Free Riding in the Monastery: Club Goods, the Cistercian Order and Agricultural Investment in Ancien Regime France
Journal of Economic Behavior & Organization
How can transaction costs prevent effective monitoring of members in an organization? In this paper I test for a relationship between the cost of monitoring and free riding behav- ior within a religious organization by using a historical case study: the Cistercian Order in Ancien Regime France. Individuals were required to follow strict behavioral guidelines in order to maintain membership in the monastic order. Two monitoring devices emerged to identify free-riders: (1) an annual visit by the head of a ’supervising’ monastery and (2) attendance at an annual General Chapter meeting. Using digitized maps of transportation networks in eighteenth century France, I estimate travel costs as a proxy for monitoring costs. As a proxy for free-riding behavior in a monastic order, I use the value of agricul- tural investment since monks were discouraged from engaging in market-orientated be- havior such as investment. After matching each property with its owner’s costs, I find that where monitoring costs are higher, monasteries engage in more free riding behavior. The results hold after controlling for characteristics of the monasteries, potential issues of sam- ple selection and bias from major houses.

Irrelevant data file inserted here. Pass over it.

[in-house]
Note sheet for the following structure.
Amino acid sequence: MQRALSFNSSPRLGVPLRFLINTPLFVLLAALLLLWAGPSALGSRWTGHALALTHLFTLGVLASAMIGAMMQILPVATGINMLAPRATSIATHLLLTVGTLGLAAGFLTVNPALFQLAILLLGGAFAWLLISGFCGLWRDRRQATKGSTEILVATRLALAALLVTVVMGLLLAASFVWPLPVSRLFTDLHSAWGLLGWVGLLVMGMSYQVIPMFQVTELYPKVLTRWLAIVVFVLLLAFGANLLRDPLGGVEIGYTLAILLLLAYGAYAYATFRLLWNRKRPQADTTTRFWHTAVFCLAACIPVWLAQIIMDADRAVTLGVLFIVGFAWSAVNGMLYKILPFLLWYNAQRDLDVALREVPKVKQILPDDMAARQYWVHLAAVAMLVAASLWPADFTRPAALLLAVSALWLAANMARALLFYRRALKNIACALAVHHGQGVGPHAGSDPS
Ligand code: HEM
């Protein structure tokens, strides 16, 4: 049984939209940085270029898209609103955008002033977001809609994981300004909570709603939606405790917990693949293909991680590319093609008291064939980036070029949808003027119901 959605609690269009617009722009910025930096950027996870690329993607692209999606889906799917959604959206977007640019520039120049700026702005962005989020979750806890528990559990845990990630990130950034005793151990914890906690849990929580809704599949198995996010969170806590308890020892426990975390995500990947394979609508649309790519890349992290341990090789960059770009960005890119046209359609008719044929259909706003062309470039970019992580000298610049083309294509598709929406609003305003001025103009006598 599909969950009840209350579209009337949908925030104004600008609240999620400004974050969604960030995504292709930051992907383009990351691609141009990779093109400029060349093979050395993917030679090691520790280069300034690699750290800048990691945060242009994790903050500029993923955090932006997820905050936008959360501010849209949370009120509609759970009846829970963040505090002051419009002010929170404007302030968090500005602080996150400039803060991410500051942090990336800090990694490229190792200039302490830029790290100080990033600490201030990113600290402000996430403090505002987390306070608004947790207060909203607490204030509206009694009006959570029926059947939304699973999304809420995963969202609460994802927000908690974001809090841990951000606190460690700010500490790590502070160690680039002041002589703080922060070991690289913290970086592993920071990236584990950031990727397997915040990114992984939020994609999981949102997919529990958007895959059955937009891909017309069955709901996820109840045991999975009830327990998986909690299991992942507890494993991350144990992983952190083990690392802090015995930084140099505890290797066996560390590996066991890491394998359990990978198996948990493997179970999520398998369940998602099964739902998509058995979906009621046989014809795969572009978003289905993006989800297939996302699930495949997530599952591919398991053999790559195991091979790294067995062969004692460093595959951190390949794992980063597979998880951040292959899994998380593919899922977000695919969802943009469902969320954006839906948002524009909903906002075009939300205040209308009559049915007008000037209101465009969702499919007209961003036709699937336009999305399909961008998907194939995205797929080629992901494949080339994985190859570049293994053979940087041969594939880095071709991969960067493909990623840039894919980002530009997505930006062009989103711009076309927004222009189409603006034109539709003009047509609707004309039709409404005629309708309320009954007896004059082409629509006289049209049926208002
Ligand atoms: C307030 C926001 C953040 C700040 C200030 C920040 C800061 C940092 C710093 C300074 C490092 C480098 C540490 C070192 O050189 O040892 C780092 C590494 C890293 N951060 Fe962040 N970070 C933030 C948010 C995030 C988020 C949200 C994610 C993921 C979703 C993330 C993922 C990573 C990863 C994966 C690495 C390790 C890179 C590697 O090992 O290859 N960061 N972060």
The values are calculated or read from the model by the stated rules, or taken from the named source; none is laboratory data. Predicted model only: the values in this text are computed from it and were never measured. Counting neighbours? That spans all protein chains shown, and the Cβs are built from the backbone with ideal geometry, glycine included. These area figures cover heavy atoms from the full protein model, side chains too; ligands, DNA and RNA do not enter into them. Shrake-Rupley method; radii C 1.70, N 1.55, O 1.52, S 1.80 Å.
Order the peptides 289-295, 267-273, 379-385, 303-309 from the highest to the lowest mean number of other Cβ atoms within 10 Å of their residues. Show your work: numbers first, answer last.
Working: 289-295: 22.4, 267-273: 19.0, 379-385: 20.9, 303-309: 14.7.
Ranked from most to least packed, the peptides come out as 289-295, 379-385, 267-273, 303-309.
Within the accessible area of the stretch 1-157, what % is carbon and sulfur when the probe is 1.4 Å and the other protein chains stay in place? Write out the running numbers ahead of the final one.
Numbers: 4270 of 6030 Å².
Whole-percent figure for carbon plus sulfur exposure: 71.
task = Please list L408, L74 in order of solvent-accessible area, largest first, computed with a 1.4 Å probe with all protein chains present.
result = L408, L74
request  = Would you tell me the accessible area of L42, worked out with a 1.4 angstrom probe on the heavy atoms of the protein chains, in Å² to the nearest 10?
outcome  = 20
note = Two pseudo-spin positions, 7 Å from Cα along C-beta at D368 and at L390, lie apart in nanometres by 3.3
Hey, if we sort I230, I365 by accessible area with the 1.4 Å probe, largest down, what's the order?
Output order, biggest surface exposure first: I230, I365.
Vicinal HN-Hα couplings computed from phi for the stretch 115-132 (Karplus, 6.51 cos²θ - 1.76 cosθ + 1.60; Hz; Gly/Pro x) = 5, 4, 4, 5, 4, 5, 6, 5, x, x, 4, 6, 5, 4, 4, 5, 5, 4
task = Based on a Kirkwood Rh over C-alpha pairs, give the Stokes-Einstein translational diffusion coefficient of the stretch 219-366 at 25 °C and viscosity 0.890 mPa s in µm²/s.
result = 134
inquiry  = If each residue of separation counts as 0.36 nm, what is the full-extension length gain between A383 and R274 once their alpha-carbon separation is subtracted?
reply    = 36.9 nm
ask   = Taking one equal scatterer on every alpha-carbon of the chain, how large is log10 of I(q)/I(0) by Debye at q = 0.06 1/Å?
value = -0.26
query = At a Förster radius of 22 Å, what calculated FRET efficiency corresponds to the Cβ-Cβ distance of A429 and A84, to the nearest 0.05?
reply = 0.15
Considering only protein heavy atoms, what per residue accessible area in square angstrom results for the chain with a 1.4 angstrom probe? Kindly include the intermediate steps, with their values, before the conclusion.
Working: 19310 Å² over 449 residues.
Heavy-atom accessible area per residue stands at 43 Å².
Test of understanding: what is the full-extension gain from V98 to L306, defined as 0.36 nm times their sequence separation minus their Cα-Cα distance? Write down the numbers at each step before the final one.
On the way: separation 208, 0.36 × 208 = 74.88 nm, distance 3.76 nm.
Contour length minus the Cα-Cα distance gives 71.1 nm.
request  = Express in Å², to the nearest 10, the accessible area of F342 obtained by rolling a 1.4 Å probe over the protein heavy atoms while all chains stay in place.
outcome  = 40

Finley, Theresa. “Free Riding in the Monastery: Club Goods, the Cistercian Order and Agricultural Investment in Ancien Regime France.” Journal of Economic Behavior & Organization 184 (2021): 318–336.